Naturally, what consumers will pay for massage therapy is dependent on a variety of factors, including their own income and the overall economic climate, to name two. But the price consumers are willing to pay for massage therapy is elastic, meaning that as the price of massage increases, the number of massages a consumer will get decreases. Interestingly, at both ends of the pricing spectrum—from low to high—the number of massages a consumer receives levels off. What does this mean for you?
Regardless of price, consumers aren’t likely to purchase more than 13.7 massages per year, so pricing your massage therapy sessions at less than $50 doesn’t make very good business sense. Likewise, whether priced at $70, $80 or more, consumers will still probably only get an average of 5.6 massages per year.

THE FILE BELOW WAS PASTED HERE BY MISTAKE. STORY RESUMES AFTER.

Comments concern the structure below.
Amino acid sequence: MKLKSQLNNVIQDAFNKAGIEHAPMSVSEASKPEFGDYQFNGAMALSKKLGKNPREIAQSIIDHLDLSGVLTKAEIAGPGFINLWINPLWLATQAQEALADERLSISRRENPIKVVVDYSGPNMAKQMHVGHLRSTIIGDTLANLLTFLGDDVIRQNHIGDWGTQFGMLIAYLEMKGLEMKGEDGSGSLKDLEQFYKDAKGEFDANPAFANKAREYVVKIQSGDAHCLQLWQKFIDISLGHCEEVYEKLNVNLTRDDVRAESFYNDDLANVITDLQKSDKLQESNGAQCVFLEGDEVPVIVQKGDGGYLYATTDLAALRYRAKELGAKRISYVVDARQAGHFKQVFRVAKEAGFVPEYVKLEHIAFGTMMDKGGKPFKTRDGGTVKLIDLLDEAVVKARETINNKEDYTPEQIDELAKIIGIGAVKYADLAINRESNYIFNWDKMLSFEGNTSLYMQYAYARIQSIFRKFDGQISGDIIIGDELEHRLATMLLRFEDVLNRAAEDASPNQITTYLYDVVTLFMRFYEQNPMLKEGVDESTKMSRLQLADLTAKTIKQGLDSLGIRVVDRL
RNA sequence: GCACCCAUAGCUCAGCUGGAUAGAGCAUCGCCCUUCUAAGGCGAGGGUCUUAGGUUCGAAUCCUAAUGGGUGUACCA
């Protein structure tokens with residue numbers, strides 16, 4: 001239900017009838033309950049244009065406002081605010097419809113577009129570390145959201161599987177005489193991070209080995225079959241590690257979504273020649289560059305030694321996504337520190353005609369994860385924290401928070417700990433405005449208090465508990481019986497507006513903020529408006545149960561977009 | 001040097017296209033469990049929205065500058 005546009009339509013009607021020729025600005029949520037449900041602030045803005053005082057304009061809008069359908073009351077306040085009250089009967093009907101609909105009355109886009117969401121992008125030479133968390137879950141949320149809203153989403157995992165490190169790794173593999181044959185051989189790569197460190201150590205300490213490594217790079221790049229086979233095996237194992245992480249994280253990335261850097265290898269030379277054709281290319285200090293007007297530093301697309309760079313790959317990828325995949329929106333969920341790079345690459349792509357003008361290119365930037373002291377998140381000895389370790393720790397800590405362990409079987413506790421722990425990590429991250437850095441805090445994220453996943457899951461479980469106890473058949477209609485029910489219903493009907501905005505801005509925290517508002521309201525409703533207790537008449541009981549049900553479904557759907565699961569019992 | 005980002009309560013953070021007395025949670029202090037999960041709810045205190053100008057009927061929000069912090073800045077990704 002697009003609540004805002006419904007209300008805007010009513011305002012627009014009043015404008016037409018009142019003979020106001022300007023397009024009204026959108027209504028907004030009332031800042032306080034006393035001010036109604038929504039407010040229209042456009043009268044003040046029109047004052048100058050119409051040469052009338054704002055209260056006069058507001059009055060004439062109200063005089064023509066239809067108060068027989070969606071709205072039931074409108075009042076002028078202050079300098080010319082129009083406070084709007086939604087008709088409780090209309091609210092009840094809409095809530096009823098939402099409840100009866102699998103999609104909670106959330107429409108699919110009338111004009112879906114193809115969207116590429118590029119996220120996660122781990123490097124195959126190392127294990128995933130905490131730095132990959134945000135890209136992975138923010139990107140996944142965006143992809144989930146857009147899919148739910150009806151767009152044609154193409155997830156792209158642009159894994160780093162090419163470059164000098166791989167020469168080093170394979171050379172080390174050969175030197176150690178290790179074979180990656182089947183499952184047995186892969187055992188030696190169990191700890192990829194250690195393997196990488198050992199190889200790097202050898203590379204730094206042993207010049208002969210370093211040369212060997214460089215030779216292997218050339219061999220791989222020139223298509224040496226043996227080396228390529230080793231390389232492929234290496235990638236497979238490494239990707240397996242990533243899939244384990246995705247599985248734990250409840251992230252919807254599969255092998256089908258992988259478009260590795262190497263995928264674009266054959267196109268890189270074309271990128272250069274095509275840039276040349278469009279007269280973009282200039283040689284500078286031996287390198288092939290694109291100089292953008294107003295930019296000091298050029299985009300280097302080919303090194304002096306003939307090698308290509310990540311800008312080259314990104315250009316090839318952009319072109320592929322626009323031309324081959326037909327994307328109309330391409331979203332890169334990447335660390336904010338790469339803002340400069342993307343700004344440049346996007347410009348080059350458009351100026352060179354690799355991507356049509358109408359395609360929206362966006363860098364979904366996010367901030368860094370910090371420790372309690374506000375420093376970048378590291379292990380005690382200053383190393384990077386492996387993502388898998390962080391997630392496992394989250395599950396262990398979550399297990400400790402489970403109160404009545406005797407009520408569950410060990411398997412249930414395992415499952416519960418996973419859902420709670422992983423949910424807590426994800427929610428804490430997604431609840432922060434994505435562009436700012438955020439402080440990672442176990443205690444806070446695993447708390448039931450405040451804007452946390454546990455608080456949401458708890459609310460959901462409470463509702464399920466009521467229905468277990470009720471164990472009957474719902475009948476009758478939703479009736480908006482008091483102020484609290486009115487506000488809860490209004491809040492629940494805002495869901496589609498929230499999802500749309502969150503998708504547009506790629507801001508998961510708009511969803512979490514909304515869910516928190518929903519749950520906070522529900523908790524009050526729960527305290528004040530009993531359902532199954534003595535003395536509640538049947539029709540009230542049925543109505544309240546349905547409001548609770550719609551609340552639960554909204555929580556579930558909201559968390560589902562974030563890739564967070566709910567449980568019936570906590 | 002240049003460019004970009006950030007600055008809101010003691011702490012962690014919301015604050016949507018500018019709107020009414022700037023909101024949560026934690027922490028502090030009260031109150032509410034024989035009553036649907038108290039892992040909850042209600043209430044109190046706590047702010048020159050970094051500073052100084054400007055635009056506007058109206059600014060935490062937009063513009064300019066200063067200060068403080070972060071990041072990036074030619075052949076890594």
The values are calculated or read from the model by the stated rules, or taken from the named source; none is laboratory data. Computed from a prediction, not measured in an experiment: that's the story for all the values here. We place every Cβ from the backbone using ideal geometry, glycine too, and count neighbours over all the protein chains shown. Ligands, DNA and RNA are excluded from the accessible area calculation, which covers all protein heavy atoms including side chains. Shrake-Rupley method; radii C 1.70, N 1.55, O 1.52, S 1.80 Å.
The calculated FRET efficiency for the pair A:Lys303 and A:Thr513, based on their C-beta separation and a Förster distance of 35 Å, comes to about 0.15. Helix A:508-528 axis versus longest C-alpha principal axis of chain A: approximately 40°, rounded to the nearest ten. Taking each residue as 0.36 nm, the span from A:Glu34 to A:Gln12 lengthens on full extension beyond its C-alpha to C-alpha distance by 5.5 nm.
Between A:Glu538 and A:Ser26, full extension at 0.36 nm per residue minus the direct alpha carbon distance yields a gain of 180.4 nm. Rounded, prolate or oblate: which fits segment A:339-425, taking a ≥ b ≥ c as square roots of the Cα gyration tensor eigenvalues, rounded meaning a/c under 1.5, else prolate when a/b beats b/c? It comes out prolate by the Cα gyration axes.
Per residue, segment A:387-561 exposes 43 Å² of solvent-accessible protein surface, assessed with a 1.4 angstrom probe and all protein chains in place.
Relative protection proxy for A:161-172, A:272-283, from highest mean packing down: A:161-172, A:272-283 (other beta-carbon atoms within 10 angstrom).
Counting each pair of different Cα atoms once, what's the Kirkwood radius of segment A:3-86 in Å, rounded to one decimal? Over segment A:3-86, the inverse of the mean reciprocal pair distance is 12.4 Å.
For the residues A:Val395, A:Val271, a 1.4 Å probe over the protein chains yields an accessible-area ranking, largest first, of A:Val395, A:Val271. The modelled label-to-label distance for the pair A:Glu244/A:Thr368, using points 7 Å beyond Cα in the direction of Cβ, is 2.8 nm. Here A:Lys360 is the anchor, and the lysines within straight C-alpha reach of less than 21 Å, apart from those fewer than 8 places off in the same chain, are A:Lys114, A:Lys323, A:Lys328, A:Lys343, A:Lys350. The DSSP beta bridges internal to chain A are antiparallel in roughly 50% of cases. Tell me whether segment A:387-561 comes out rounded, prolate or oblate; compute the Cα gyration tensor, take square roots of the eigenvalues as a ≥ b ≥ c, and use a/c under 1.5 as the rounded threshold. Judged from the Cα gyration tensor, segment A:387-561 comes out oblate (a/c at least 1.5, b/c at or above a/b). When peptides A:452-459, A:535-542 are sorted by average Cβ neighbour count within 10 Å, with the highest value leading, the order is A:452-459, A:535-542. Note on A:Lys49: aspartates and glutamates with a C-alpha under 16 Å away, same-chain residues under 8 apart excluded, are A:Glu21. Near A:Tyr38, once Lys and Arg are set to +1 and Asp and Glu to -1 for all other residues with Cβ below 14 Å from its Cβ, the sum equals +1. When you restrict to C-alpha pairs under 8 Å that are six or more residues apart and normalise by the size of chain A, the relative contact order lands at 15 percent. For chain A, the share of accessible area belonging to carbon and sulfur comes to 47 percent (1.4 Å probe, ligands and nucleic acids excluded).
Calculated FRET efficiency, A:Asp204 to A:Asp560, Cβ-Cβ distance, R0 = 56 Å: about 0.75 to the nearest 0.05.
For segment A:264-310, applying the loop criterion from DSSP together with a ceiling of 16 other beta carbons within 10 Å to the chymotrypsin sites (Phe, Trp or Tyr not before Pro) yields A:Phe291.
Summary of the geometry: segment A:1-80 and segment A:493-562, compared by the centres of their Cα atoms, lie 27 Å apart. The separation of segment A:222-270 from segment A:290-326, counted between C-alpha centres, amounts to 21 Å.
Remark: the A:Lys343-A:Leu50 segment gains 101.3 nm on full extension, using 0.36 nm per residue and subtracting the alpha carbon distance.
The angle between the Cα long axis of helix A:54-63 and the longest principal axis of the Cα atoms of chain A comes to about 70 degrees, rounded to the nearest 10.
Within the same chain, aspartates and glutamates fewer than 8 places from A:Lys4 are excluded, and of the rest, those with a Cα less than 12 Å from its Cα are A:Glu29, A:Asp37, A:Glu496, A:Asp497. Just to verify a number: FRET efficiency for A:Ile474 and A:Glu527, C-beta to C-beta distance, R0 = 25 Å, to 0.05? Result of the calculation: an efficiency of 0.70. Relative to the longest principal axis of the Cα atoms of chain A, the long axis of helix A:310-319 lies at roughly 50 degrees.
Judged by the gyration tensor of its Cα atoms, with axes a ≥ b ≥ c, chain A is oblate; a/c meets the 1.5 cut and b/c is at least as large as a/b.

So, think about how much you charge for massage and how many repeat clients you see during the year. Do you have clients who see you once per month? Have any clients decreased the number of massages they receive because of price alone?
“What’s been most successful is focusing on the clients who are still coming and enhancing their experience,” says Tessler. She hired a customer service specialist to train her front desk employees. “I really wanted to reengage them and help them understand they are very important in creating a positive customer service experience for our clients.” As Tessler continually enhances the experience of her clients, her clients in turn see the value in spending their money at Spa Space. Even simple things, like a friendly greeting to client’s before and after their massage, can go a long way.
Know Your Client
Target audience. Particularly when the economy is soft, knowing the target audience for your practice is crucial. With daily deal sites offering deep discounts in massage therapy and other local practices vying for business, too, knowing how to effectively reach consumers who fit your professional interests is important.